Maynard Ferguson Band – Live At Rockefeller’s – 1987 – Past Daily Downbeat
Maynard Ferguson Big Band – Live At Rockefeller’s, Houston – April 27, 1987 – Gordon Skene Sound Collection –
Maynard Ferguson this weekend. Live at Rockefeller’s in Houston – the second set, recorded on April 27, 1987.
Maynard Ferguson is not your go-to for mellow, meditative or even sweet. Maynard Ferguson has always been high-voltage, in your face and demanding your undivided attention. As an alumnus of Stan Kenton, he carried the tradition well and picked up pastiches of other genres along the way; all of them bold, exclamatory and uncompromising.
The music of Maynard Ferguson is not for all tastes, and to many he was the link that strung together Fusion and Progressive Rock, blending in with traditional Big Band Jazz.
And much as you’d be tempted to consider Maynard Ferguson to be wildly commercial and somewhat archaic, as many consider Dixieland to be relics of another time, they do have their rightful place in that enormous musical tent of Jazz – and maybe not wholly embraced, but at least recognized as one crucial element of the great journey.
And for that reason, they do deserve to be heard and appreciated for what they were and what they were trying to accomplish. Takes the same level of musical proficiency to play a Ferguson chart as it does Tadd Dameron. The end results are poles apart, but the effort and the chops required are the same.
With that in mind – here’s some background in case you are not otherwise aware:
Ferguson was born in Verdun (now part of Montreal), Quebec. Encouraged by his mother and father (both musicians), he started playing piano and violin at the age of four. At nine years old, he heard a cornet for the first time in his local church and asked his parents to buy one for him. When he was thirteen, he soloed with the Canadian Broadcasting Corporation Orchestra. He was heard frequently on the CBC, notably featured on a “Serenade for Trumpet in Jazz” written for him by Morris Davis. He won a scholarship to the Conservatoire de musique du Québec à Montréal where he studied from 1943 to 1948 with Bernard Baker.
In 1948, Ferguson moved to the United States, intending to join Stan Kenton’s band, but it no longer existed, so Ferguson played with the bands of Boyd Raeburn, Jimmy Dorsey, and Charlie Barnet. The Barnet band included Doc Severinsen, Ray Wetzel, Johnny Howell, and Rolf Ericson. Ferguson was featured on Barnet’s recording of “All The Things You Are” by Jerome Kern. The recording enraged Kern’s widow and was withdrawn from sale.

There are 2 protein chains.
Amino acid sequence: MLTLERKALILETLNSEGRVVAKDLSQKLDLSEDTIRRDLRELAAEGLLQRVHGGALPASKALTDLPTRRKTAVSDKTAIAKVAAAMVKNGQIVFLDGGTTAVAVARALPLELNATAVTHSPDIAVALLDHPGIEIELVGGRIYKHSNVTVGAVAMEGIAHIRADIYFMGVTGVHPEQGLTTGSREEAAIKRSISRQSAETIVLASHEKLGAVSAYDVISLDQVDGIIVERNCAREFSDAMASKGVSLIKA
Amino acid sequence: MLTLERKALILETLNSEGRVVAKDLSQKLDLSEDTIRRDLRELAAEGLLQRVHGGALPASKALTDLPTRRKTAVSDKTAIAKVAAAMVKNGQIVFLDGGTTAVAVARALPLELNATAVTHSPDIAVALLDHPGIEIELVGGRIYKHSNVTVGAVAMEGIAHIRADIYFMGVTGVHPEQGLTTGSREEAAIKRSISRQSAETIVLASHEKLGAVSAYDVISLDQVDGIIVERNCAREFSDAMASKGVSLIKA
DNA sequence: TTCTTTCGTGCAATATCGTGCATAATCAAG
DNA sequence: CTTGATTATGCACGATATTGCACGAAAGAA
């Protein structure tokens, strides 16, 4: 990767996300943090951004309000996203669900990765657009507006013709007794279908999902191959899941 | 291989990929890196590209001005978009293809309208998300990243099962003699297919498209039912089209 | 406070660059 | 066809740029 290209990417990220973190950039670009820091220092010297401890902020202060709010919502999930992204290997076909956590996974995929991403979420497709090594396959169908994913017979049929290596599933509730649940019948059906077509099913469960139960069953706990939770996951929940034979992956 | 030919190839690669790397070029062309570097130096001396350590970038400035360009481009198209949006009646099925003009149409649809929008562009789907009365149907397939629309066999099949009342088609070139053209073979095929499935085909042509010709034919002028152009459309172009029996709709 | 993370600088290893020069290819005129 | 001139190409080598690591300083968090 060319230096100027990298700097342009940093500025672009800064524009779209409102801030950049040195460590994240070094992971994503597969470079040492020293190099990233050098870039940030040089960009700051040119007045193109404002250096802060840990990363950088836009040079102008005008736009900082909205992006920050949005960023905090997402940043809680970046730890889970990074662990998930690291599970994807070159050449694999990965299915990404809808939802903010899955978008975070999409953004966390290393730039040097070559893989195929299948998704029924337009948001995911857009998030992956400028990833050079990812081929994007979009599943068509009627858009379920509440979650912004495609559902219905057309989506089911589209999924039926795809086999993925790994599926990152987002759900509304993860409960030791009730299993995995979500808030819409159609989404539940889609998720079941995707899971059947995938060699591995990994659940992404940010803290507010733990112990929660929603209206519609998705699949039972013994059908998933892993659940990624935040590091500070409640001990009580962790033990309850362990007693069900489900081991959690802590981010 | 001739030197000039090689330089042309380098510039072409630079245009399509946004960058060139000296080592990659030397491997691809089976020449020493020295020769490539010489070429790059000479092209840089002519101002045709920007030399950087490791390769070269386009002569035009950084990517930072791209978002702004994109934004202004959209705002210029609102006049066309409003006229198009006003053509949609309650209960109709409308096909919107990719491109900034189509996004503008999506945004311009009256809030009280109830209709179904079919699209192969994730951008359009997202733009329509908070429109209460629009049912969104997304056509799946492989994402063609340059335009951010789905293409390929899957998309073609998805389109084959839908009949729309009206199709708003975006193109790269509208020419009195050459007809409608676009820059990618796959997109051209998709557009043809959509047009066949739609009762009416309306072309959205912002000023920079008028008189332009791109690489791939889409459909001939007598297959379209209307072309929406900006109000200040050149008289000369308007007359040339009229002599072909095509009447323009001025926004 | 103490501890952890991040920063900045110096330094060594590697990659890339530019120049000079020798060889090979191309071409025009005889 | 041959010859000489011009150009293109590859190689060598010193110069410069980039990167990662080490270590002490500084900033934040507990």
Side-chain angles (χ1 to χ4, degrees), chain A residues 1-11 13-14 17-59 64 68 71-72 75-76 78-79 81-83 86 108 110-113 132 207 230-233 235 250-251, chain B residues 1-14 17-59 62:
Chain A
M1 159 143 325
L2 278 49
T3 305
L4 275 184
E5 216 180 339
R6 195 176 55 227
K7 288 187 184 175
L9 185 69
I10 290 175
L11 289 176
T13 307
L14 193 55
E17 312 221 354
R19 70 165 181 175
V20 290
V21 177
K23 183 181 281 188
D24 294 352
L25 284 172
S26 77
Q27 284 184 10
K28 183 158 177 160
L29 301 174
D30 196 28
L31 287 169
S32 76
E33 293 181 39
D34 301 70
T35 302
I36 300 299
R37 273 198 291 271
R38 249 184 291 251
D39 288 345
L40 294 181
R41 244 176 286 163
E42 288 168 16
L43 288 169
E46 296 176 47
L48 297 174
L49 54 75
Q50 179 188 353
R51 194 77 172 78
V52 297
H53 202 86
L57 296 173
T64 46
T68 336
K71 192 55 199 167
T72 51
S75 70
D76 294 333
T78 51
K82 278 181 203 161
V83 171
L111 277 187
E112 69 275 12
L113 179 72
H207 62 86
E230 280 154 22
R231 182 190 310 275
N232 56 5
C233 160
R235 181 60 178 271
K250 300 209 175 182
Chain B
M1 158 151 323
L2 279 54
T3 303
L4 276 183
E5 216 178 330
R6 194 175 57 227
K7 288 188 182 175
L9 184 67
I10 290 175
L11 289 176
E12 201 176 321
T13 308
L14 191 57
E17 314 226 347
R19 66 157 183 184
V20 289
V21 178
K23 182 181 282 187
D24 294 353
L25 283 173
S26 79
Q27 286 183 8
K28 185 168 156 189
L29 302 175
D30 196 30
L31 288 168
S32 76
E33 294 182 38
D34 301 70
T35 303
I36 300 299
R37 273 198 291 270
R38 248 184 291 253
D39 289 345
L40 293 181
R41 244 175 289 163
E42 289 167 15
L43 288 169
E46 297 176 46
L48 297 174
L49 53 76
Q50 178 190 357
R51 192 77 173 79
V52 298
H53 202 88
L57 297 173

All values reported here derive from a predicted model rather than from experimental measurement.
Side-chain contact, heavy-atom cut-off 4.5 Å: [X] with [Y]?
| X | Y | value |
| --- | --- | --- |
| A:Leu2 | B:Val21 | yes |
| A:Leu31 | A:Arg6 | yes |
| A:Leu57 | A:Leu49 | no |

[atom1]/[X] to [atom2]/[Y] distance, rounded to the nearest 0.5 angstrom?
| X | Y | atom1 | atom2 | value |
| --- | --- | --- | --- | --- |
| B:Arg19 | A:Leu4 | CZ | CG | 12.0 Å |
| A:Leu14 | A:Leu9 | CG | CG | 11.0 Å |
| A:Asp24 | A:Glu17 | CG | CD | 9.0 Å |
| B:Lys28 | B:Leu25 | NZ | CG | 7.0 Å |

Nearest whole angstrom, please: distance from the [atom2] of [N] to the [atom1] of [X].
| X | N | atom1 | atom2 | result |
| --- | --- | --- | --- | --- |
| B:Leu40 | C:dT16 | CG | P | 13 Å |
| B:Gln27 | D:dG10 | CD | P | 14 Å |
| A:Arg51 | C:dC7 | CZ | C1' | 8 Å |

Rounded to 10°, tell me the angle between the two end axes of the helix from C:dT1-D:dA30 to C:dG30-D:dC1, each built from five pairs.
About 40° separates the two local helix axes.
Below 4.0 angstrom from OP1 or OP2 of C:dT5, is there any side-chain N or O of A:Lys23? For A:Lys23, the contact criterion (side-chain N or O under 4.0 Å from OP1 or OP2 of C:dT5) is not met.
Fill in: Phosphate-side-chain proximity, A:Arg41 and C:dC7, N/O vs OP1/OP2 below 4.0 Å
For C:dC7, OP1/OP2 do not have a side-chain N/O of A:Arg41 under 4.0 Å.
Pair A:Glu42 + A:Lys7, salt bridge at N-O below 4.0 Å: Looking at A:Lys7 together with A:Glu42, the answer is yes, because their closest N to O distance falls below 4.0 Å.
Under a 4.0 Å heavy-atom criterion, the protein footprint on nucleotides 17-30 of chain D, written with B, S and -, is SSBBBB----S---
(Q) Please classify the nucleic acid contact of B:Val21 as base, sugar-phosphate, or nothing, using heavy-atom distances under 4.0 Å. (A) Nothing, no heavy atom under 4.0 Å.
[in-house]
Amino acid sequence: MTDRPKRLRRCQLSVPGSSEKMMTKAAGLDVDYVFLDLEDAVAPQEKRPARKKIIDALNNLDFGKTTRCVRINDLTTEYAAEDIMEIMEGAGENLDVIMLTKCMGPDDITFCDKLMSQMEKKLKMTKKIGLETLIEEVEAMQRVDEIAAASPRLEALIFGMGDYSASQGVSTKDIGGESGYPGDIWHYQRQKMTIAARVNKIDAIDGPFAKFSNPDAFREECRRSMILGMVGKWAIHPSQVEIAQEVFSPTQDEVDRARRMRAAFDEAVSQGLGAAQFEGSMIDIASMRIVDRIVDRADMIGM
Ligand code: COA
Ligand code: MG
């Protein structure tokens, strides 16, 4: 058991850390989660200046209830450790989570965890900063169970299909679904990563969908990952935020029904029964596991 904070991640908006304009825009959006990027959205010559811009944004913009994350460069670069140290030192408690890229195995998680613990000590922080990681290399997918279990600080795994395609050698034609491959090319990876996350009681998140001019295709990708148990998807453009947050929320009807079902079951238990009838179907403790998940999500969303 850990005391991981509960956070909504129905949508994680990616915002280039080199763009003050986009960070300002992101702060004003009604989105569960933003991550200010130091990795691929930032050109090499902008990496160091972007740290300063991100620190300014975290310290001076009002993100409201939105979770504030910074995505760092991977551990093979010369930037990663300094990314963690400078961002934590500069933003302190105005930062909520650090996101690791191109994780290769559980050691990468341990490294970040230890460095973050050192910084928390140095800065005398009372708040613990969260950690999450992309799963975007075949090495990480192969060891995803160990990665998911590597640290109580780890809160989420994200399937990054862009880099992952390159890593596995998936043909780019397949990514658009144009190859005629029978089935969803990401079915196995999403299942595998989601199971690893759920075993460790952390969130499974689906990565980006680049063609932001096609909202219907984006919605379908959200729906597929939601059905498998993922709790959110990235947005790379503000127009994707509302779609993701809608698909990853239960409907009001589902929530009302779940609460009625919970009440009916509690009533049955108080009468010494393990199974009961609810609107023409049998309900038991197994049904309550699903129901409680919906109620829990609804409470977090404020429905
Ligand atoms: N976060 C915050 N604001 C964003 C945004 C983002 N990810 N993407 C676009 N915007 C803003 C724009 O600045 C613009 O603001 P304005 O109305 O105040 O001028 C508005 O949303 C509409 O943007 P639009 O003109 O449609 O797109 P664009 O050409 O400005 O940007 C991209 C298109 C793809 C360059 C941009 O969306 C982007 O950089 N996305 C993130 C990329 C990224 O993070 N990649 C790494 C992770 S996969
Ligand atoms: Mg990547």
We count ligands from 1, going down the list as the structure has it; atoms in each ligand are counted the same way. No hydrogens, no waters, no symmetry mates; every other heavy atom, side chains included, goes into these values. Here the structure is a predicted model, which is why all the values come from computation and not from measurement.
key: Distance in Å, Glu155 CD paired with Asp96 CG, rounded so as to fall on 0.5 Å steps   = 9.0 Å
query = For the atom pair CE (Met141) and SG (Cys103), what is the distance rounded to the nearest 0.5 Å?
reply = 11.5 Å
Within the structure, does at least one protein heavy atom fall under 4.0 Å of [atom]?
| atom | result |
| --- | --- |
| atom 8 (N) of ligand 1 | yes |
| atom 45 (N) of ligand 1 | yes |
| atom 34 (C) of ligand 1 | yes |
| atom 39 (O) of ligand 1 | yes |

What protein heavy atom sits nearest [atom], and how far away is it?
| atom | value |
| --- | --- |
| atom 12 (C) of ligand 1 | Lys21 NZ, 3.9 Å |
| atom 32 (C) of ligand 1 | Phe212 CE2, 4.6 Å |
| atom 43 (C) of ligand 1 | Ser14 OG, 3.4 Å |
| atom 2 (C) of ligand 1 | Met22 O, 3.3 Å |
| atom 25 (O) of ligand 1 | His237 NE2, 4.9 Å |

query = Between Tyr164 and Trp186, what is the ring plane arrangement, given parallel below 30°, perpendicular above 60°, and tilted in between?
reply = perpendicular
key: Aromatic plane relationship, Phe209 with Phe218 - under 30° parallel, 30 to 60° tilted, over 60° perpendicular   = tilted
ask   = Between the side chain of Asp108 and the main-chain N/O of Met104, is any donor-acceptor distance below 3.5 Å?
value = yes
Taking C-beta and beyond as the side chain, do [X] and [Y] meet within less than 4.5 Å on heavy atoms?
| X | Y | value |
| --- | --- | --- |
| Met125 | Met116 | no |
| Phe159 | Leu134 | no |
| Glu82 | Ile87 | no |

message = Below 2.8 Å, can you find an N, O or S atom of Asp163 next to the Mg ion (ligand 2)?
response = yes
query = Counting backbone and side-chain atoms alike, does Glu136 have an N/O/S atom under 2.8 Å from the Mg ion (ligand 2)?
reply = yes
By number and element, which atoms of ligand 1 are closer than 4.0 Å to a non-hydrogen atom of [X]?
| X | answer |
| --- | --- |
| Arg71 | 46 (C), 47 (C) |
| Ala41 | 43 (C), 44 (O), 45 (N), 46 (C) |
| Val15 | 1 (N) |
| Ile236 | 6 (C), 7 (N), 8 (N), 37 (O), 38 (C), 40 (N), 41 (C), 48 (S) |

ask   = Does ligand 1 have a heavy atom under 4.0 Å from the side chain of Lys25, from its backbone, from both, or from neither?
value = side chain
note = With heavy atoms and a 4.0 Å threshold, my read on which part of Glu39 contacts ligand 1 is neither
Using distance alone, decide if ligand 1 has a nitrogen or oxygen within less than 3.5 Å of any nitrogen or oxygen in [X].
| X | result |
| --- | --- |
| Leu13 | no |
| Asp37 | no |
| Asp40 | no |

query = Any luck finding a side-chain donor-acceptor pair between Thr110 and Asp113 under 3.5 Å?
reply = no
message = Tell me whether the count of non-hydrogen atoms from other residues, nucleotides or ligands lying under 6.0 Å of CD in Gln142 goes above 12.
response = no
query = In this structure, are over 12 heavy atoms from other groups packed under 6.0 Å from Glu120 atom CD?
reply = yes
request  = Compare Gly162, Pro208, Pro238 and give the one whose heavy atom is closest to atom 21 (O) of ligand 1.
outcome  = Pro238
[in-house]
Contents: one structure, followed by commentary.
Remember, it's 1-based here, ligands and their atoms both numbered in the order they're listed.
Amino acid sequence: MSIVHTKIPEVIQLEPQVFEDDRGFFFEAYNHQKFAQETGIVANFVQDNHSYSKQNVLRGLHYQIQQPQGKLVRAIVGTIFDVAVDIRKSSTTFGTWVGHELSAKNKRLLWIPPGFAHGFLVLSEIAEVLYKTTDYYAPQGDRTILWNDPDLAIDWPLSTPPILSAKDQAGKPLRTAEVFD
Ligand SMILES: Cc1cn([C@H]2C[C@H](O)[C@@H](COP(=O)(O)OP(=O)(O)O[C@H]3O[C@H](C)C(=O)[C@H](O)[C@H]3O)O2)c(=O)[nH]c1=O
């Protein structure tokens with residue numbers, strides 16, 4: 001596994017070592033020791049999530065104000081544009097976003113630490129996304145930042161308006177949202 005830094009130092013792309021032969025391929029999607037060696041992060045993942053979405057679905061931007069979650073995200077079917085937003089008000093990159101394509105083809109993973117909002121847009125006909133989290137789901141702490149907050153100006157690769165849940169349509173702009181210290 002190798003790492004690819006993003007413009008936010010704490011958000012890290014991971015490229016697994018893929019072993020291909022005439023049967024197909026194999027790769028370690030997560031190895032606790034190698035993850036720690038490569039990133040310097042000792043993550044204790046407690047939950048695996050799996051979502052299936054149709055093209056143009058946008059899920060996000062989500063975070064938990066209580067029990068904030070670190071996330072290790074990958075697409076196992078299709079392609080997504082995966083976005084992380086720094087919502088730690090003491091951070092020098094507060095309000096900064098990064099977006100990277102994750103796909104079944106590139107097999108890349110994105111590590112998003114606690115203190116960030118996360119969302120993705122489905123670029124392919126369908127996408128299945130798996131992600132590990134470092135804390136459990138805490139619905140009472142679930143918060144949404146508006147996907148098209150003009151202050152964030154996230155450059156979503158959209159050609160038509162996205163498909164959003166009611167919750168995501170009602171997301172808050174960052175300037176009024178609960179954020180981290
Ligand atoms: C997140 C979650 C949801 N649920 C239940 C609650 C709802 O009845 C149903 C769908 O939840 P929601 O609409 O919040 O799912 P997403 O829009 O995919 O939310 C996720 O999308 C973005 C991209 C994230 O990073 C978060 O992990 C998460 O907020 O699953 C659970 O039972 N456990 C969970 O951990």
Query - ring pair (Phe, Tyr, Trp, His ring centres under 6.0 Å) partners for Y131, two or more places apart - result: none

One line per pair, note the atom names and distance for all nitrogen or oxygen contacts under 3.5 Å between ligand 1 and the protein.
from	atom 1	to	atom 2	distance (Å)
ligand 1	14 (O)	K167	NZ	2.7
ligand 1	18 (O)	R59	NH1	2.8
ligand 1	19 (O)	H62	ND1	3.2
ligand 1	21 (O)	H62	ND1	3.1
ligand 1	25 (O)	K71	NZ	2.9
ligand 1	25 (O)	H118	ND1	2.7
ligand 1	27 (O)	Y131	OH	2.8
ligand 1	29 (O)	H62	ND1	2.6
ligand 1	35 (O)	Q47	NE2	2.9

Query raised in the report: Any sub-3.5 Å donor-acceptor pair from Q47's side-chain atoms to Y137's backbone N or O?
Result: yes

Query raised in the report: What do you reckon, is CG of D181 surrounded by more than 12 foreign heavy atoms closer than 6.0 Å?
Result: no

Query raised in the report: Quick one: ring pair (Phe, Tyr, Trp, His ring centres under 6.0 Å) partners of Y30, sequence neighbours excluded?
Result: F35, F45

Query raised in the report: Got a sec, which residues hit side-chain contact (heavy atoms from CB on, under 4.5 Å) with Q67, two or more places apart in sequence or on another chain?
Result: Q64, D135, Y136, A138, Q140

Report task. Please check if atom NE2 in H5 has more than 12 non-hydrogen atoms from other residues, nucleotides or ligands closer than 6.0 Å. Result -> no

In January 1950, Kenton formed the Innovations Orchestra, a 40-piece jazz orchestra with strings. After the folding of the Barnet band, Ferguson was available for the first rehearsal on January 1. One of the Orchestra’s recordings was named “Maynard Ferguson,” one of a series of pieces named after featured soloists. When Kenton returned to a more practical 19-piece jazz band, Ferguson continued with him at third chair with numerous solo features. Notable recordings from this period that feature Ferguson include “Invention for Guitar and Trumpet”, “What’s New?”, and “The Hot Canary”.
As big bands declined in popularity and economic viability in the 1960s, Ferguson’s band performed less frequently. He began to feel musically stifled and sensed a resistance to change among his American jazz audiences. According to an interview in Down Beat, he was quoted as saying that if the band did not play “Maria” or “Ole,” the fans went home disappointed. He began performing with a sextet before shutting down his big band in 1966.
In 1975, Ferguson began working with Bob James on a series of commercially successful albums with large groups of session musicians, including strings, vocalists, and guest soloists. The first of these albums was Primal Scream, featuring Chick Corea, Mark Colby, Steve Gadd, and Bobby Militello. The second, Conquistador (1976) yielded a No. 22 pop single, “Gonna Fly Now” from the movie Rocky, earning him a gold album. He maintained a hectic touring schedule. The commercial success included adding a guitarist and an additional percussionist to his band’s lineup. In the summer of 1976, Ferguson performed a solo trumpet piece for the closing ceremonies of the Summer Olympics in Montreal, symbolically “blowing out the flame”.
Ferguson brought charisma to a musical genre that is often seen as cold and cerebral. His obituary in The Washington Post stated:
“Ferguson lit up thousands of young horn players, most of them boys, with pride and excitement. In a (high school) world often divided between jocks and band nerds, Ferguson crossed over, because he approached his music almost as an athletic event. On stage, he strained, sweated, heaved and roared. He nailed the upper registers like Shaq nailing a dunk or Lawrence Taylor nailing a running back – and the audience reaction was exactly the same: the guttural shout, the leap to their feet, the fists in the air. We cheered Maynard as a gladiator, a combat soldier, a prize fighter, a circus strongman – choose your masculine archetype.”
So sez Wikipedia. With that in mind, dive in.